Companies Keep Cosmetics Chemicals Secret

  • Researchers have found undisclosed chemicals in a variety of products, from perfume to floor polish. (Photo courtesy of Escape(d) CC-2.0)

When you use cosmetics or cleaning products, you might assume that the government has checked out the ingredients and has deemed them safe. But Julie Grant reports – that’s not the case. Companies don’t even have disclose everything that’s in their products.

Transcript

When you use cosmetics or cleaning products, you might assume that the government has checked out the ingredients and has deemed them safe. But Julie Grant reports – that’s not the case. Companies don’t even have disclose everything that’s in their products.

The Campaign for Safe Cosmetics wants the labels on cosmetics to reflect all the ingredients in a product. But spokesperson Stacy Malkan says that’s not what’s happening. The Campaign recently sent 17 brands of perfumes and body sprays to an independent lab.

“We found in these products an average of 14 hidden chemicals that were not on the labels that the lab was able to detect.”

Malkan says some of those hidden chemicals have been associated with asthma and headaches, while others are hormone-disruptors, linked to sperm damage, thyroid problems, and even cancer. Malkan says there’s a reason companies don’t put those chemicals on the labels: they don’t have to.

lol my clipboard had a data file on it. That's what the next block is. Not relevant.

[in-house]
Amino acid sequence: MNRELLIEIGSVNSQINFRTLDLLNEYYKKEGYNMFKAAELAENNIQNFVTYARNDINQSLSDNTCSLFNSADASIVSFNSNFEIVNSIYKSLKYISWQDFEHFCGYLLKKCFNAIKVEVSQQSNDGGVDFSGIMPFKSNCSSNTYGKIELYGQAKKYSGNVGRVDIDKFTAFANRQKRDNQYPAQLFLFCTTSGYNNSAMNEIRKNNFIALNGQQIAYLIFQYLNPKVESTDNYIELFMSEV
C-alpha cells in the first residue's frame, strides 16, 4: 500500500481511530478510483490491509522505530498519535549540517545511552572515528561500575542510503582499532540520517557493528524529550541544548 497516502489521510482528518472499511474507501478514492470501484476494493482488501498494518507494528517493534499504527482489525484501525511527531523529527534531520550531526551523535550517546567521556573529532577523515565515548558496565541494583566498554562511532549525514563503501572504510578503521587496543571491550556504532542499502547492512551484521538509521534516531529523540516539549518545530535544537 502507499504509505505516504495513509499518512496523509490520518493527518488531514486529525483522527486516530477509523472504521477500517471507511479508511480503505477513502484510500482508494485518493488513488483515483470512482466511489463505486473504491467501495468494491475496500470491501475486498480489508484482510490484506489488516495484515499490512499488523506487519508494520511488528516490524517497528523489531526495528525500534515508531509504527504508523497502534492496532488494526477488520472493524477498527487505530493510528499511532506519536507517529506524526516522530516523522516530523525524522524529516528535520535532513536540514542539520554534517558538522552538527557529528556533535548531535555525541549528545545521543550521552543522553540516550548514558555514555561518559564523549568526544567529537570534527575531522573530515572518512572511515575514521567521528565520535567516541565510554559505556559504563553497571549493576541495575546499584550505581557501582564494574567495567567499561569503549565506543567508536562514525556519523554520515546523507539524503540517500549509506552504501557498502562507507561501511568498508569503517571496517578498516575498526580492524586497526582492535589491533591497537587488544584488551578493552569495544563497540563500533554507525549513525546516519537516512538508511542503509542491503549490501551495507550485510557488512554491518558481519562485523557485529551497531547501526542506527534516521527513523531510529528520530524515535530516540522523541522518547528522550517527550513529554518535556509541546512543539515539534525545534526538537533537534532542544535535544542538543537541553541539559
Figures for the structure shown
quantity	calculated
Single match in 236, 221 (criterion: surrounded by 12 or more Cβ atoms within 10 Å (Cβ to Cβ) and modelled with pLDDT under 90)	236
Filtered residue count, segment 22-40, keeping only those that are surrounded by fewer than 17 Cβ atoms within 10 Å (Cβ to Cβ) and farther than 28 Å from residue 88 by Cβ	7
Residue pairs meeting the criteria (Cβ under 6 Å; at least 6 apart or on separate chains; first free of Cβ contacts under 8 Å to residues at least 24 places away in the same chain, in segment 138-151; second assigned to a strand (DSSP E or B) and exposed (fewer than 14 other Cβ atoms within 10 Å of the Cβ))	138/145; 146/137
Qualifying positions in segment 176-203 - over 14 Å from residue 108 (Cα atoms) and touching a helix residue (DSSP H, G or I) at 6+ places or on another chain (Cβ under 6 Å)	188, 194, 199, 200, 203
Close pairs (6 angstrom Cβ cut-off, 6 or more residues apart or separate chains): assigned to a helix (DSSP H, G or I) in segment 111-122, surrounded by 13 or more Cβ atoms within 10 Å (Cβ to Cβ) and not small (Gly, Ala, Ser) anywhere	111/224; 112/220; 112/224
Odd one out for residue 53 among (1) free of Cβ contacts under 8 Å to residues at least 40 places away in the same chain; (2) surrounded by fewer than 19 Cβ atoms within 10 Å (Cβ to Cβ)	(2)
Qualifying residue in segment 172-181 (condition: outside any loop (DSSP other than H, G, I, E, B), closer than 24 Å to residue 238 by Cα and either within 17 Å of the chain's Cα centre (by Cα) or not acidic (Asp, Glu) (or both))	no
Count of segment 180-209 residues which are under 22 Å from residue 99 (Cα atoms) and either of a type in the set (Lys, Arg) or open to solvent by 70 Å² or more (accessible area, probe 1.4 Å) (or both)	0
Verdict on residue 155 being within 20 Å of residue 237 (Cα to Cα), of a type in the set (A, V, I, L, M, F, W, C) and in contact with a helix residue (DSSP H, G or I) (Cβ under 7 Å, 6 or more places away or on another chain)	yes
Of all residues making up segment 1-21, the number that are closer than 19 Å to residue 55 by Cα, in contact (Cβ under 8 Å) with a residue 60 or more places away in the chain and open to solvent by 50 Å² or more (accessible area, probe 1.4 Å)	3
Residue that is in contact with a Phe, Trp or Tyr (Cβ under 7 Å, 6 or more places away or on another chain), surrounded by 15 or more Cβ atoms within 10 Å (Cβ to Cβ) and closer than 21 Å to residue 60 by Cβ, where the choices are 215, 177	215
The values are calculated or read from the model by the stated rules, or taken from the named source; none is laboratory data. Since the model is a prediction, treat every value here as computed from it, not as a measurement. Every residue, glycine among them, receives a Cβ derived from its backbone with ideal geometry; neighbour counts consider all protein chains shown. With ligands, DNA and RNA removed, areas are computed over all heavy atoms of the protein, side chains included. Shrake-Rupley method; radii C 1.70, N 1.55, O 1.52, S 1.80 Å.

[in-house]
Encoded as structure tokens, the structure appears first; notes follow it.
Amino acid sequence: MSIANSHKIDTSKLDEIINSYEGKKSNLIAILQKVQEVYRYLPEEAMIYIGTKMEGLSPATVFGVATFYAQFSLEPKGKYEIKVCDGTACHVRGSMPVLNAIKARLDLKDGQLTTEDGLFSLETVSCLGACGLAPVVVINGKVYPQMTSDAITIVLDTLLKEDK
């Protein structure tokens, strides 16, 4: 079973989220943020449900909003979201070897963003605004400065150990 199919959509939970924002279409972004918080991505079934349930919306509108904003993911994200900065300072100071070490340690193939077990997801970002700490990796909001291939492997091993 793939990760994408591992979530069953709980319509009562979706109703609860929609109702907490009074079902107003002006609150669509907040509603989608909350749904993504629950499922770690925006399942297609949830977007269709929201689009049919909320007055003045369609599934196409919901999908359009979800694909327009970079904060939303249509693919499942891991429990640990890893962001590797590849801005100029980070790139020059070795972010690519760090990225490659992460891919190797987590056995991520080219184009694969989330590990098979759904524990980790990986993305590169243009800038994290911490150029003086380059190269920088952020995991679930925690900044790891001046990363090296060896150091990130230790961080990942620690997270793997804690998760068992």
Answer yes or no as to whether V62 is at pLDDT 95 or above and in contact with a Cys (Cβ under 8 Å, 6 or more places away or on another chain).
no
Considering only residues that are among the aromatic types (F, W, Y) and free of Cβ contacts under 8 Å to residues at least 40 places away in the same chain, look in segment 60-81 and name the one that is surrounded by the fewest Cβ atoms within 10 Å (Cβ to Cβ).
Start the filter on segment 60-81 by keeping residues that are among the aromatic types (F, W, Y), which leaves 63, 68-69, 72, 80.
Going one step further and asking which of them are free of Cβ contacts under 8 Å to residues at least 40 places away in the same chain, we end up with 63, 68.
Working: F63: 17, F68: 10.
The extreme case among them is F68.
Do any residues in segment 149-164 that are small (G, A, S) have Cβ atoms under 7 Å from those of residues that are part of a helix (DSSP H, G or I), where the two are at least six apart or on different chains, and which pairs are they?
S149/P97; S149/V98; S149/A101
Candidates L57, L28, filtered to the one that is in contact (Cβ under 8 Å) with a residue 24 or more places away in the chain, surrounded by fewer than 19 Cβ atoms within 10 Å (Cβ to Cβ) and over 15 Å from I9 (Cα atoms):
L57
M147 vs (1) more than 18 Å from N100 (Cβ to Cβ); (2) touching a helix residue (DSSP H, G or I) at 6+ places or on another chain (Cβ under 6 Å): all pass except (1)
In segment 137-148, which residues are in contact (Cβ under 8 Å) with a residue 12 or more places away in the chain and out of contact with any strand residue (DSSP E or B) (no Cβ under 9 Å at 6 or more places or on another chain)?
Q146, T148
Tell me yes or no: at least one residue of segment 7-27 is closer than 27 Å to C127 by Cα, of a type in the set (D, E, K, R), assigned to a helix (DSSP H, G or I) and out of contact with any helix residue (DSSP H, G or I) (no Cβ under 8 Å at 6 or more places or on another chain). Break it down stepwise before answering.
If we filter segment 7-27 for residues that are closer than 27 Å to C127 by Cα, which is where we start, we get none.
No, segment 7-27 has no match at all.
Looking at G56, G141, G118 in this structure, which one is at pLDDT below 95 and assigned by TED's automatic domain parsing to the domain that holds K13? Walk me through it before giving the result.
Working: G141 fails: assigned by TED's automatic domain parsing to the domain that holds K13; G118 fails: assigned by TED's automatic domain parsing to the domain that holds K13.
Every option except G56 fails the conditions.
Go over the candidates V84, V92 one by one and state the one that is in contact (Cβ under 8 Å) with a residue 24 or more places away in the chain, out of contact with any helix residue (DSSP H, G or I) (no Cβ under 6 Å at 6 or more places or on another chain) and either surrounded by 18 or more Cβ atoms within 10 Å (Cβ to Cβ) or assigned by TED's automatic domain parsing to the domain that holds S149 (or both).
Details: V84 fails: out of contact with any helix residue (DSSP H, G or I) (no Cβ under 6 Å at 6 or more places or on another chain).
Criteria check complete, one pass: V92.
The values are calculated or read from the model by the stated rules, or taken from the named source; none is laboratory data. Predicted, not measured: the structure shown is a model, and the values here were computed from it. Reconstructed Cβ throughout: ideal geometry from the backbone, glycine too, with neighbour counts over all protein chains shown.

“It is required that companies list the chemicals in their products, except that if they are part of the fragrance. So there’s a huge loophole in the federal law that allows companies to keep secret the chemicals in fragrances.”

And this loophole exists for more than just for perfumes.
Malkan says they have things like children’s bubble bath can create toxic contaminants. And researchers have found un-disclosed chemicals in nearly all brands of cleaning products – things such as dishwashing soap, floor polish, and air fresheners.

“If a chemical is found in a product, it doesn’t mean that the product is toxic or hazardous.”

Gretchen Shaefer is spokesperson for the Consumer Specialty Products Association, which represents the makers of cleaning products. She says companies are required to list anything that’s hazardous on the label.

As more consumers ask for additional information, she says manufacturers are providing more about their chemical formulas. But Schaefer says most are not willing to disclose the trade secrets of their fragrances: